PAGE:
But from that day I saw a change. There was an awareness that he was sweeping in front of us. He was self-conscious somehow, as if he didn’t want to be watched, as if we weren’t welcome any more. He was as thorough as ever, but his sweeping seemed pointed in a way it hadn’t before. I guess I was hurt. It didn’t seem to me now that he swept with love, and I got less and less pleasure from watching him work.
It just happened that at this point the company started working longer hours. We were coming up to a preview performance, and the pressure was on a little more than usual. It is at these times that routine matters more than ever as it works against the inevitable jitters. It is however also at these times that it is most tempting to let routine go to hell and cut out any preamble to rehearsal that doesn’t seem essential. As certain as we felt that sweeping was a crucial part of our rehearsal ritual, it was always one of the first things to go when we were under pressure.
It wouldn’t have been a big issue one way or the other if we’d been the ones doing it. We simply would’ve stopped. However, it wasn’t us doing it, and because John had been rude we felt stuck. We simply couldn’t find it in ourselves to tell Joe to stop.
So instead, worse than that, we gradually, inevitably, morning by morning, made it clear how inconvenient it was. You can perhaps imagine the scenario. Those annoying little things that people have it in them to do: a cough here, a glance at a watch there or, with actors, a session of ostentatious stretching beside the rehearsal room floor. Not a word spoken but a prevalent, malevolent sense of focus on this one person who has become an obstacle. None of it made him stop. He continued his routine as if we were not there. Instead, strangely, we felt more and more selfconscious. We felt we were being watched. We felt sure that his black eyes were fixed on us from somewhere beyond the swing doors as we rehearsed.
Our desire to put an end to the sweeping soon developed into a complex. In our conversations we confirmed for each other that Joe was freaking us out. Not only that, but he had taken what was ours away from us. It was for us to do. He had no right. It was part of our process. He wasn’t an actor. We could see that it was of the utmost importance that we should reclaim this activity which had been stolen from us, leaving us impotent and quarrelsome just days before our preview. Did he not have the sensitivity to realise that he should just leave?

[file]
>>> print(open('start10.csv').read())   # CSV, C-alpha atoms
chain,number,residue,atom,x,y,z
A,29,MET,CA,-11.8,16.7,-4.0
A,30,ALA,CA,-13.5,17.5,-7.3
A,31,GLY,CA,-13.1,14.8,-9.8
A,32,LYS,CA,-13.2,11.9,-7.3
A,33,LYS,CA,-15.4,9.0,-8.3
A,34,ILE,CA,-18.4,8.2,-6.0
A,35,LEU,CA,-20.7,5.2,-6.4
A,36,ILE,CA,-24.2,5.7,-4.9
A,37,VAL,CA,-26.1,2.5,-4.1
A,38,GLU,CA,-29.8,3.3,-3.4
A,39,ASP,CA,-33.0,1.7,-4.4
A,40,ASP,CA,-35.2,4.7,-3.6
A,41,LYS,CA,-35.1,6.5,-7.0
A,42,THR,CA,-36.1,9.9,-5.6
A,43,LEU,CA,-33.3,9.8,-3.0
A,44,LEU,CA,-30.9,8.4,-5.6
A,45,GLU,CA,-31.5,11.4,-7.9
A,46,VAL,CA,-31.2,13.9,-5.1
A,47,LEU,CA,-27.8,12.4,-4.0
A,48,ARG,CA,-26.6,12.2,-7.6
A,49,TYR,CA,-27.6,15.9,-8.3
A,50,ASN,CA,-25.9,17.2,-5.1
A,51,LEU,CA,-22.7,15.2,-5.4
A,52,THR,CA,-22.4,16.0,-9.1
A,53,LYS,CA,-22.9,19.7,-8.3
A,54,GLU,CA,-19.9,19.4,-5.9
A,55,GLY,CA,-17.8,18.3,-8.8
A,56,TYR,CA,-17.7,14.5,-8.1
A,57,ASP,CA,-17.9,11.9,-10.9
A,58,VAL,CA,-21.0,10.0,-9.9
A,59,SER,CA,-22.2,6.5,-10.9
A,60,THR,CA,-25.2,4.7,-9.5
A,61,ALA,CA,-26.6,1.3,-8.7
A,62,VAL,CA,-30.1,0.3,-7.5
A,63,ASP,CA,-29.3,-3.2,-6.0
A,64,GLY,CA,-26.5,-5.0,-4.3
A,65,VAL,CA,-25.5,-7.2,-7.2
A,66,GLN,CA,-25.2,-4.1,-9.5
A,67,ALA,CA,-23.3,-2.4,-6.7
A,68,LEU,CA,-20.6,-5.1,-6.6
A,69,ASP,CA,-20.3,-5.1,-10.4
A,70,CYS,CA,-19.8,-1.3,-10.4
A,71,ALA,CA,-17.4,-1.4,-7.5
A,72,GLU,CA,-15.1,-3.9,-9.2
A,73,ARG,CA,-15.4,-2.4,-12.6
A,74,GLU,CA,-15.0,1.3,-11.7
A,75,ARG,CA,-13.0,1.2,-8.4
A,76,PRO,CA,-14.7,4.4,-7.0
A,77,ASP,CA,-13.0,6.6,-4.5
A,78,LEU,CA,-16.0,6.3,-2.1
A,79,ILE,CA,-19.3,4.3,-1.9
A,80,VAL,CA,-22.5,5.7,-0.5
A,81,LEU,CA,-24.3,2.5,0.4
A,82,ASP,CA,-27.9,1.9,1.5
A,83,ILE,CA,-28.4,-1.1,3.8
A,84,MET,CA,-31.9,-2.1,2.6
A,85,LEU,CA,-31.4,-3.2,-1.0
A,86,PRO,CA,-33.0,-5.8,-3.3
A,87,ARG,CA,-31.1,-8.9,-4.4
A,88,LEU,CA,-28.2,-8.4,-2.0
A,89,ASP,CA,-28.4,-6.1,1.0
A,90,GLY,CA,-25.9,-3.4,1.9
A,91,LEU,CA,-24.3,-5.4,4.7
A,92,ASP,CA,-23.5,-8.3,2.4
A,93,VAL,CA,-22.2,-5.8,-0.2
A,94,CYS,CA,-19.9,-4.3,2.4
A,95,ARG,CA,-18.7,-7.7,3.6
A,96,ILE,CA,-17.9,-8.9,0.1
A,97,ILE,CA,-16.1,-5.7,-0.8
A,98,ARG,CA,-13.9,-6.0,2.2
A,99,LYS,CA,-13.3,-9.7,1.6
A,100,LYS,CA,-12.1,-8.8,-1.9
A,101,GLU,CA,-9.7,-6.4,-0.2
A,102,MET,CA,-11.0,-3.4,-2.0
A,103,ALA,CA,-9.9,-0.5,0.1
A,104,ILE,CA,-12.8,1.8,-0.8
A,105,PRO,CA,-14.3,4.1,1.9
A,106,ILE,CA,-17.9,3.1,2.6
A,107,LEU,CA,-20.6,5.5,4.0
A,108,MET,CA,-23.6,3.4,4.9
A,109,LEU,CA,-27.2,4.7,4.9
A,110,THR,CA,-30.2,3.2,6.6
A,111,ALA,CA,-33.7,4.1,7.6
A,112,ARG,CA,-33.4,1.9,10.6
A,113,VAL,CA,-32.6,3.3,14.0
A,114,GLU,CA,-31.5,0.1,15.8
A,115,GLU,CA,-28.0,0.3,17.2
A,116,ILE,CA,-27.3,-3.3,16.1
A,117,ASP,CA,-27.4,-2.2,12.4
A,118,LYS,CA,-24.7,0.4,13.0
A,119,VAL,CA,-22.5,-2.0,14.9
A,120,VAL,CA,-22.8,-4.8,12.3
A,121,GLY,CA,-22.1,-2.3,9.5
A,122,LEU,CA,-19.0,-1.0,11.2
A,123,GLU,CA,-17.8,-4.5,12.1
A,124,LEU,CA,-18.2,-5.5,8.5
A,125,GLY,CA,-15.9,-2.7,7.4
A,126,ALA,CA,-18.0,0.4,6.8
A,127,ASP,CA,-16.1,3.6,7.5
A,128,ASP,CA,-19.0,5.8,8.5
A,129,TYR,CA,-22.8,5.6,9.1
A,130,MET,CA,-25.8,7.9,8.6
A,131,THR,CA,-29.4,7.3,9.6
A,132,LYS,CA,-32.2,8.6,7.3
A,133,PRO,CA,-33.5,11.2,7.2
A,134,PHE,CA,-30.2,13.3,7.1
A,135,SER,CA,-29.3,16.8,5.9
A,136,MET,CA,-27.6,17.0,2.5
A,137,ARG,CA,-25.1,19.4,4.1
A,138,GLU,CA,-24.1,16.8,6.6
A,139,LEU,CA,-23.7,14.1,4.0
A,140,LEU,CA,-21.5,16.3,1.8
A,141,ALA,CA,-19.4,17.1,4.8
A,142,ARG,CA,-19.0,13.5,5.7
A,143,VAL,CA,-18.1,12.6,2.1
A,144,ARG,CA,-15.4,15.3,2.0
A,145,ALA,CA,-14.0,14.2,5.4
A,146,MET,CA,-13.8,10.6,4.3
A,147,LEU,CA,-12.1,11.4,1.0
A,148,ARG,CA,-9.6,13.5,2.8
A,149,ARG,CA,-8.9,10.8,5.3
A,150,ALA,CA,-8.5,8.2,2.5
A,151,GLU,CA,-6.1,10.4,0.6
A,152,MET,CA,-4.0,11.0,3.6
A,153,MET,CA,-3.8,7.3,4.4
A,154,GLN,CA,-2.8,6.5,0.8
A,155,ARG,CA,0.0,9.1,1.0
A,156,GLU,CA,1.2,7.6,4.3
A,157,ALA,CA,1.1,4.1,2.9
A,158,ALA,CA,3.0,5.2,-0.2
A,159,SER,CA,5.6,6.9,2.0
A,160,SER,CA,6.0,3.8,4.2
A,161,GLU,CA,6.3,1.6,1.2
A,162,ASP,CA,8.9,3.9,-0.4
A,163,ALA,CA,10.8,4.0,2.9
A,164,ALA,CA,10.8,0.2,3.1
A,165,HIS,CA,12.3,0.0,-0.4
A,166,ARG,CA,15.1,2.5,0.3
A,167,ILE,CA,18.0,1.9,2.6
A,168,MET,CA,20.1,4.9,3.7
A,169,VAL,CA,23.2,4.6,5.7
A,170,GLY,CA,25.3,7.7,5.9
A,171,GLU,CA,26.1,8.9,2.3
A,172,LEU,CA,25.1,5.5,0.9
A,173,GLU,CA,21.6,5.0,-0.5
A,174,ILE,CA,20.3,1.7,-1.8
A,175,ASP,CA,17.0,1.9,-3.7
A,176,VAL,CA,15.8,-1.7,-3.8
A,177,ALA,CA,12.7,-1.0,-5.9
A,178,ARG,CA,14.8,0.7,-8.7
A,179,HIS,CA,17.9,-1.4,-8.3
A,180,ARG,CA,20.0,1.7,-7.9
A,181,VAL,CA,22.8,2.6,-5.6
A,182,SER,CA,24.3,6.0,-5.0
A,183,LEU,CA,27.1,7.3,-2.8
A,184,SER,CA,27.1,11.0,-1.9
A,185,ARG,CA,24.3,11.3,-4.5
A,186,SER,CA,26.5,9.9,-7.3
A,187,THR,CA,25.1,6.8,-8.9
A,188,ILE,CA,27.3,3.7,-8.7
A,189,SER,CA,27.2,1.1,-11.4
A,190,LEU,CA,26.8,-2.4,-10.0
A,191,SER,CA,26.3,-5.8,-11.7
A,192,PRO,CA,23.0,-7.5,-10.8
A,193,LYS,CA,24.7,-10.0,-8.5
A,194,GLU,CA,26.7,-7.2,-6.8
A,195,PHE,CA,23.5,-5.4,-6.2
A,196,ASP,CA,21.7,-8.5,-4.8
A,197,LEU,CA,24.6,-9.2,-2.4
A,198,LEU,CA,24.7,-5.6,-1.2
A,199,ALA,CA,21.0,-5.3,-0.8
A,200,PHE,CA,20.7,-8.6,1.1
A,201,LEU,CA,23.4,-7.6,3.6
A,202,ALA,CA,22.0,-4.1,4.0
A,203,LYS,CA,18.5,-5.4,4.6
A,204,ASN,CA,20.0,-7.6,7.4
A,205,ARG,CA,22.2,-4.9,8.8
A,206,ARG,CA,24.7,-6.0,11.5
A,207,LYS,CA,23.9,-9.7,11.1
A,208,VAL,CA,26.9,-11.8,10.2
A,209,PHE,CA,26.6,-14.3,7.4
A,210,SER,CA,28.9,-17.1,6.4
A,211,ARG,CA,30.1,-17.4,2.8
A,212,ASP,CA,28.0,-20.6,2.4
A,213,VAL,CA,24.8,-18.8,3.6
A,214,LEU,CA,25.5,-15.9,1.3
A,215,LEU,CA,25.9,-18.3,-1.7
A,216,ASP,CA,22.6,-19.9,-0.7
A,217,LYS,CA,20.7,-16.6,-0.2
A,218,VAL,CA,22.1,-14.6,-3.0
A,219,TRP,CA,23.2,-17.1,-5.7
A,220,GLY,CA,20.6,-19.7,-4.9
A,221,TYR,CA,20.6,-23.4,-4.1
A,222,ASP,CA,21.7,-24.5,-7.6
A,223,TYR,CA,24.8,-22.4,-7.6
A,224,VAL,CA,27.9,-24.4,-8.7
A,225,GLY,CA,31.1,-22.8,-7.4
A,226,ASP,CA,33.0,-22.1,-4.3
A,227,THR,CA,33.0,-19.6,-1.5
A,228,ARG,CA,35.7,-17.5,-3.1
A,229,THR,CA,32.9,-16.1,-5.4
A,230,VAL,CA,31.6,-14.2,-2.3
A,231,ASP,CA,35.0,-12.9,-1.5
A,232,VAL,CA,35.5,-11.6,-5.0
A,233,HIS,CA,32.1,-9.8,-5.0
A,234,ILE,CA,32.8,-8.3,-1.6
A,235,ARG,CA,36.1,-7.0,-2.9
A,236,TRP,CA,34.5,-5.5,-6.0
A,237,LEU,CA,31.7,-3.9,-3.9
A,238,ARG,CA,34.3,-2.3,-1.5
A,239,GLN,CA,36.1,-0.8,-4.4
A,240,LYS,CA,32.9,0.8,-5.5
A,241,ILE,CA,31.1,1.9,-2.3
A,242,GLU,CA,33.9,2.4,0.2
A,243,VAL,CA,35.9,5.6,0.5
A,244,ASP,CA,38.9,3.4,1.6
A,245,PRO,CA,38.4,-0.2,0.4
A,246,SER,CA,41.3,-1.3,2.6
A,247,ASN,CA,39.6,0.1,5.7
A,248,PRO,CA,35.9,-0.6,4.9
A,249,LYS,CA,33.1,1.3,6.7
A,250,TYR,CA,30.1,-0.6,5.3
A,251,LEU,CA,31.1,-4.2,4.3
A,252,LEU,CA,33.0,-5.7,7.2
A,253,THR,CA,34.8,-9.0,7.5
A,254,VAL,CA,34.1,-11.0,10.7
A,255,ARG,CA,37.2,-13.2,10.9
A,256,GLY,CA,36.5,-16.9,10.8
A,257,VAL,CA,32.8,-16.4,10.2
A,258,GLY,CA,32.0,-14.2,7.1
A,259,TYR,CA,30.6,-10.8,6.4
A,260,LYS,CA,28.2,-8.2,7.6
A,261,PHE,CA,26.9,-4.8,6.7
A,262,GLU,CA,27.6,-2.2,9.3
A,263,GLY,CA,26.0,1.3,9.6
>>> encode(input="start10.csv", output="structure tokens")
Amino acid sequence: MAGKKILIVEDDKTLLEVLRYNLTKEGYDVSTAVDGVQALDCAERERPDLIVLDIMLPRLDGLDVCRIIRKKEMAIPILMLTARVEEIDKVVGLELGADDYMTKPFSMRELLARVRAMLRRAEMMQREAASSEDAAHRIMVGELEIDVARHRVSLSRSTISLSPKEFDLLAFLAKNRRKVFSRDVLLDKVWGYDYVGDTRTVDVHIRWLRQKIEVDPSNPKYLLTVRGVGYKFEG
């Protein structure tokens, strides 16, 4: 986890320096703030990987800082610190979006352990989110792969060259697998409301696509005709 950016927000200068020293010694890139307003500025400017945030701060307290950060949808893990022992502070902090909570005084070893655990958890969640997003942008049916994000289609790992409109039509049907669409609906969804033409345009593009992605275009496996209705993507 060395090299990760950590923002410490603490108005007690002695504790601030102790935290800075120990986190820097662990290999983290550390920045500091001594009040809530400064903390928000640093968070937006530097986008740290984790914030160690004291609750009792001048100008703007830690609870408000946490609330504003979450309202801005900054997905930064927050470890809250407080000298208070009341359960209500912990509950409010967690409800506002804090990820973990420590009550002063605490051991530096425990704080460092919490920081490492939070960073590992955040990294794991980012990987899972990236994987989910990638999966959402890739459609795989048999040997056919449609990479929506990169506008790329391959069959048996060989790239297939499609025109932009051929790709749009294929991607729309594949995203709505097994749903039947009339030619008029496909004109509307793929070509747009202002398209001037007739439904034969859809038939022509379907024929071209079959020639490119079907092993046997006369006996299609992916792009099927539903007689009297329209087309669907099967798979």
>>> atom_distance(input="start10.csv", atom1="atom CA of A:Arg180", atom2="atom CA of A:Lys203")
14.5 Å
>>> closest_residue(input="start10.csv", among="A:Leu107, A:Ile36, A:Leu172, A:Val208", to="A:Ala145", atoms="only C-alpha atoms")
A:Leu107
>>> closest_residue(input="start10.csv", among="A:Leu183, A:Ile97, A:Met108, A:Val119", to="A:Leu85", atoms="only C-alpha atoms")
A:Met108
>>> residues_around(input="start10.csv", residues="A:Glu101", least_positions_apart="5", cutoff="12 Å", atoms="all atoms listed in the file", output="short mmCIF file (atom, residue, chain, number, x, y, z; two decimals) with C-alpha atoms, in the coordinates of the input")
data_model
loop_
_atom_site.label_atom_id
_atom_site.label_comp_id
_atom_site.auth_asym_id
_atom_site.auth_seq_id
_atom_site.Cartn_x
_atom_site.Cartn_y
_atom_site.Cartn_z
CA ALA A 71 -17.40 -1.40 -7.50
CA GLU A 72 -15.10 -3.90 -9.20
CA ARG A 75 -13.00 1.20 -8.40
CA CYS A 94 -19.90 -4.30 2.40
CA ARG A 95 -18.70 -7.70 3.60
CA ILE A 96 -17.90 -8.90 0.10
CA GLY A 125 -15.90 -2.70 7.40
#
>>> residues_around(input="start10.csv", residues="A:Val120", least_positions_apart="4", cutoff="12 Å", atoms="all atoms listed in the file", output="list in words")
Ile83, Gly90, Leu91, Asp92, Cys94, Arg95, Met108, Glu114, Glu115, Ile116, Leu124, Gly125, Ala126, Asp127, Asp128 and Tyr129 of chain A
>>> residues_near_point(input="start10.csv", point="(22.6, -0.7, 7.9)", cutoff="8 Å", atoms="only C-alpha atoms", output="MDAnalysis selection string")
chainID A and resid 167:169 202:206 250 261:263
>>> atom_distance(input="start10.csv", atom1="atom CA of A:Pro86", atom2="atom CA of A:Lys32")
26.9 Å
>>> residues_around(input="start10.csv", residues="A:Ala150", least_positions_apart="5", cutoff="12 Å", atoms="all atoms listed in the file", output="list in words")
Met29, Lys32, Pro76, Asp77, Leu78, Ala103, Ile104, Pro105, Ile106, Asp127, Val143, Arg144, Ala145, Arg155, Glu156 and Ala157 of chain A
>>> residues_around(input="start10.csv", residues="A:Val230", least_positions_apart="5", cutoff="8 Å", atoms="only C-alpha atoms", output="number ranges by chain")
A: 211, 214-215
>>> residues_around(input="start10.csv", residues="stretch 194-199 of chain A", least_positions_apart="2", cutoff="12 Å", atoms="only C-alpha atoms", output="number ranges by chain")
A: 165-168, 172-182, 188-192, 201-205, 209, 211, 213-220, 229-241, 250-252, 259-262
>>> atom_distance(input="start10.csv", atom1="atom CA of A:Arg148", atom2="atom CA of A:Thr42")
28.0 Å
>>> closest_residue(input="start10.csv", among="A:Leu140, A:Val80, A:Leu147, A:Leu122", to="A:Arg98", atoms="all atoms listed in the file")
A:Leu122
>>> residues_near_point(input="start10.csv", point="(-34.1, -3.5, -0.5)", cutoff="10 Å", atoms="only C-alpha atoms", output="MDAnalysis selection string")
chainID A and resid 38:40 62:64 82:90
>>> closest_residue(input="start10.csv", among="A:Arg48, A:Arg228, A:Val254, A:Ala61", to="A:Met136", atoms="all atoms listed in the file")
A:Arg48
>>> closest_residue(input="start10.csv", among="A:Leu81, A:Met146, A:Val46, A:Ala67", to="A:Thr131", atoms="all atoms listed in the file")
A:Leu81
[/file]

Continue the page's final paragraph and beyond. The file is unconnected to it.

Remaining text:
It had reached the point of the ridiculous. We drew straws one evening over drinks and it fell upon John to speak to Joe a second time. ‘No. I’m sorry. This has gone on long enough,’ is what he said, sternly, the next morning in the Green Room. ‘You’re not welcome here. Can’t you see you’re not wanted? You’re going to have to leave.’ I think that is pretty much what he said. We were all gathered for the big moment, clutching our coffees and bottles of water for reassurance.
But Joe, impassive, broom in hand, crossed the room, and said only, ‘No. That won’t be possible.’ That’s all he said.
I don’t think any of us could believe it. John for once looked lost for words and just stood there watching as Joe made his way yet again through the swing doors to the rehearsal room. I looked at John and the others and it was obvious that no one was going to say or do anything and I was so furious I could feel this buzzing in my head and I followed Joe through the swing doors and walked right in front of him so that he would have to stop sweeping and look at me. I was so angry I could feel my heart pumping and my cheeks flushing and then there he was, just looking at me steadily with those bright, black eyes, saying nothing, so I took a step towards him and brought up my hand and I slapped him hard across the cheek. I could see the colour changing on his cheek but it wasn’t changing fast enough so I slapped him again.
I’d hit this man whose name I didn’t know because he wouldn’t stop sweeping for us for free. It was impossible then to stay – in that space up with the rooftops and the light and the window drapes that billowed like sails.
And so I left